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Exercise 4, Chapter 4 in Hadoop in Action is about implementing a linear filter computing the moving average of a time series. That is, given N and a series of timestamped values a(t), compute y, where

y(t) = a(t)*1/N + a(t-1)*1/N + ... + a(t-N)*1/N.

I'm having trouble implementing this in Mapreduce. A reducer needs to receive the N records required to compute an element in y together. Even if the records are ordered chronologically, these N records might be split across two mappers. What kind of key to emit in the mapper would guarantee that the same reducer receives these N records? Their timestamps are all different and are thus not useful as keys.

Or am I completely off in my approach? I'd be thankful for hints.

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1 Answer

Looking at the problem from the book, you have misstated the problem a little.

The input data is a sequence of key/values (t -> x(t)), where t is a time and x(t) if the value observed at that time. Then to compute a moving average at any time, you use the formula:

y(t) = a0 * x(t) + a1 * x(t-1) + a2 * x(t-2) + ... + aN * x(t-N)

where a0, a1, a2, ... aN are known constants.

The key to implementing a mapper for this problem is to recognize all y(t) equations that contain a particular x and using the equation as the key. This is done by observing the patterns of the time parameter, t. For any x(t), x(t) is in the first in y(t). x(t) is also the second term in y(t+1), the third term in y(t+2), and so on up to the (N+1) place term in y(t+N).

So, for each for each (t -> x(t)) key/value in the input the mapper needs to output several new key/value pairs:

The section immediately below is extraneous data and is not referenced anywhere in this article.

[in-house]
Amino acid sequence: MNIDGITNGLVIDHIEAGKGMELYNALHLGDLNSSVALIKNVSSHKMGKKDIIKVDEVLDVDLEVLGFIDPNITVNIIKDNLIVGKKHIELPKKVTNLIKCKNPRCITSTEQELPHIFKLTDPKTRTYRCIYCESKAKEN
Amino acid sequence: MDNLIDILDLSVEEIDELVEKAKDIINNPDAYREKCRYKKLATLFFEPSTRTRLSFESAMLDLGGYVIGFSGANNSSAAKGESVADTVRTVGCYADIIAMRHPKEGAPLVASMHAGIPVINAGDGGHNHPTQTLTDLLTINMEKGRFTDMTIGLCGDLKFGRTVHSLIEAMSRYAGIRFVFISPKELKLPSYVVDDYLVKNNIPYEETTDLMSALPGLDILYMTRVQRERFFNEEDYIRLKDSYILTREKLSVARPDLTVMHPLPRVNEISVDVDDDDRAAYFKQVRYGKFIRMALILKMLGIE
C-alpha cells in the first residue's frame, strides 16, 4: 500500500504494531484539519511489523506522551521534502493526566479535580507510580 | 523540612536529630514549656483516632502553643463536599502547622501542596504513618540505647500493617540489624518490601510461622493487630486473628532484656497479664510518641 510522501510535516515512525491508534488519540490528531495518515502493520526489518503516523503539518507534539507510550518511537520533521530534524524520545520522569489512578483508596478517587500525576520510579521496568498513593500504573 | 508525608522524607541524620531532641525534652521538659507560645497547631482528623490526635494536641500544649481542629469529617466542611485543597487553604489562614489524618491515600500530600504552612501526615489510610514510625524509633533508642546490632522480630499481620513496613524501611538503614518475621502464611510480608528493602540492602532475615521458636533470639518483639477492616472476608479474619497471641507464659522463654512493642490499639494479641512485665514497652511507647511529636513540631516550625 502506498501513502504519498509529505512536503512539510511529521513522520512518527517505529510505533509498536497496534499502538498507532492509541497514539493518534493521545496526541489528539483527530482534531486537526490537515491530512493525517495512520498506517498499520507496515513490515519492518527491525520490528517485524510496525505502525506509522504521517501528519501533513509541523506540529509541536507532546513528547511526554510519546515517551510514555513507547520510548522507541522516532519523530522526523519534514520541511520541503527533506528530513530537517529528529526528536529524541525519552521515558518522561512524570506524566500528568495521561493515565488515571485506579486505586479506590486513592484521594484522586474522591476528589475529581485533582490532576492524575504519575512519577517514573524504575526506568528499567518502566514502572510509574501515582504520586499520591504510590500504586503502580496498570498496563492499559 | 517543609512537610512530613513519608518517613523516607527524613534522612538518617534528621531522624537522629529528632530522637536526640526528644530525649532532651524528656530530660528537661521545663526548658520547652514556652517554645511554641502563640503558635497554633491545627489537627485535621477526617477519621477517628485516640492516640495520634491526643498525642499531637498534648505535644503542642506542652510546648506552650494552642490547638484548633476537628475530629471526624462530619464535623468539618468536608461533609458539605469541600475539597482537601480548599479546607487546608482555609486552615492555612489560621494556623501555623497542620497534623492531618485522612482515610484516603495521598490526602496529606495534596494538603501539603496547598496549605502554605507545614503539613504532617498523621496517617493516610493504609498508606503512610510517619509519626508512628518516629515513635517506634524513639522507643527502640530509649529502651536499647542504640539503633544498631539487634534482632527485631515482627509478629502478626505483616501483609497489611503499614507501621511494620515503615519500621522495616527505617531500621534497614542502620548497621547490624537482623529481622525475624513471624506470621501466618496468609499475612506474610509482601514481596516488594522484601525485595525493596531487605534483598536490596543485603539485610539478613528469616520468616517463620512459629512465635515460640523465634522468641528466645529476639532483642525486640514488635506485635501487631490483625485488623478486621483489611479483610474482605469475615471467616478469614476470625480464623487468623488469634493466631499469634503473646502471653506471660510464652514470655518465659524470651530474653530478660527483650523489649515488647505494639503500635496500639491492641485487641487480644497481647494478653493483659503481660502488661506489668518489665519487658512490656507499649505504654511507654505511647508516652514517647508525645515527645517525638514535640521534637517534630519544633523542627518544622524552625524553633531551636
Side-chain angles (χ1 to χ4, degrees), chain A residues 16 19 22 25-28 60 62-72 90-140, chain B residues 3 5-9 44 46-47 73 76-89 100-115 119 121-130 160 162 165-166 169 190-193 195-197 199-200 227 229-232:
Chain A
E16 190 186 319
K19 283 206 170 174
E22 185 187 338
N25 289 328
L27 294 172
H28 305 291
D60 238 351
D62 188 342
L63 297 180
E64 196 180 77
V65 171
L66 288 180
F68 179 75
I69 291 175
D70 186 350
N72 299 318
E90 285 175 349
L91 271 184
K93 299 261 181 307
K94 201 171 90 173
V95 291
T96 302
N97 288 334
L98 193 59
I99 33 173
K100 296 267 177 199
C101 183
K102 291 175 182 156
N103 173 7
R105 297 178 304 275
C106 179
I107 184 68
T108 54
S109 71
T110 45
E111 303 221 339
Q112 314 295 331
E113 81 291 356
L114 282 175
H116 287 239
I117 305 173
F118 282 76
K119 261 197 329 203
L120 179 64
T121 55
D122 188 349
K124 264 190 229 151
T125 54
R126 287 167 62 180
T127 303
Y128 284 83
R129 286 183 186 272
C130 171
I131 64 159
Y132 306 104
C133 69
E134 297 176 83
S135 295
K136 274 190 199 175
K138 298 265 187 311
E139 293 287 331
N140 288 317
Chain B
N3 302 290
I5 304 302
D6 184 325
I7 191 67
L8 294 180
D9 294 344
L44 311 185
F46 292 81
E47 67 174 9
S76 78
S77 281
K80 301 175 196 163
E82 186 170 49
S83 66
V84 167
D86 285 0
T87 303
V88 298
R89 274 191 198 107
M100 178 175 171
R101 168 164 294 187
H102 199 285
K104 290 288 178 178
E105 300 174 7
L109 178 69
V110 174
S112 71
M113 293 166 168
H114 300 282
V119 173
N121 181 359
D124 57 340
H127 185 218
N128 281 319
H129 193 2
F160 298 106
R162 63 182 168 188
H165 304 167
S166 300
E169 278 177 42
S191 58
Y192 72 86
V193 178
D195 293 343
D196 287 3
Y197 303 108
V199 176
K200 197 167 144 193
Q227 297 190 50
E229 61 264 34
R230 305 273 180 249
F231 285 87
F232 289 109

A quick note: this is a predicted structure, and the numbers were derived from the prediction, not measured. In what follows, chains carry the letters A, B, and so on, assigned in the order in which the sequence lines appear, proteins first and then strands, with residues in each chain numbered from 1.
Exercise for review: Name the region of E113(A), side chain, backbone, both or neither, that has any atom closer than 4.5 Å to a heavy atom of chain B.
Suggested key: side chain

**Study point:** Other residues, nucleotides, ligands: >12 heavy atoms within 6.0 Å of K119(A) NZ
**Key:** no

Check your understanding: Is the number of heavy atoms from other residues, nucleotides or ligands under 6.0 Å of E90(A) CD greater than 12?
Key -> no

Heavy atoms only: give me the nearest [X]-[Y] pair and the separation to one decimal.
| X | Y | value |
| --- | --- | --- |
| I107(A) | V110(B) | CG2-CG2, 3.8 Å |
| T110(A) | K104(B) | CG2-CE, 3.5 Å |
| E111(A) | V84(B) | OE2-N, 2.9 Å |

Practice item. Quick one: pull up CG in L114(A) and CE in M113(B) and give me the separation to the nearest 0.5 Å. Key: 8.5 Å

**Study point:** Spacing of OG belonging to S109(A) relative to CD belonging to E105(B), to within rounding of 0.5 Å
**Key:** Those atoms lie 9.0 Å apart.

t   -> {a0, x(t)}
t+1 -> {a1, x(t)}
t+2 -> {a2, x(t)}
...
t+N -> {aN, x(t)}

After the mapper is complete, there will be a collection of {an, x(t)} values keyed by the y(t) equation they are part of.

On the reducer side, the set of {an, x(t)} values for a particular y(t) will be delivered for which a sum of products can be computed to produce the y(t) value.

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Thanks a lot Brent, that makes sense. I won't get around to implementing it in the next few days, but I'll get back to the question. –  Thomas Kappler Apr 1 '11 at 7:01
    
I tried to implement this again. Brent, in your approach, isn't it necessary that the timestamps come in fixed intervals? If I encounter t and want to emit the keys t+1, t+2, ..., I need to be able to compute t+n. If that's possible, your solution works, but what if they are somewhat random, like timestamps triggered by an external event? –  Thomas Kappler Apr 9 '11 at 7:30
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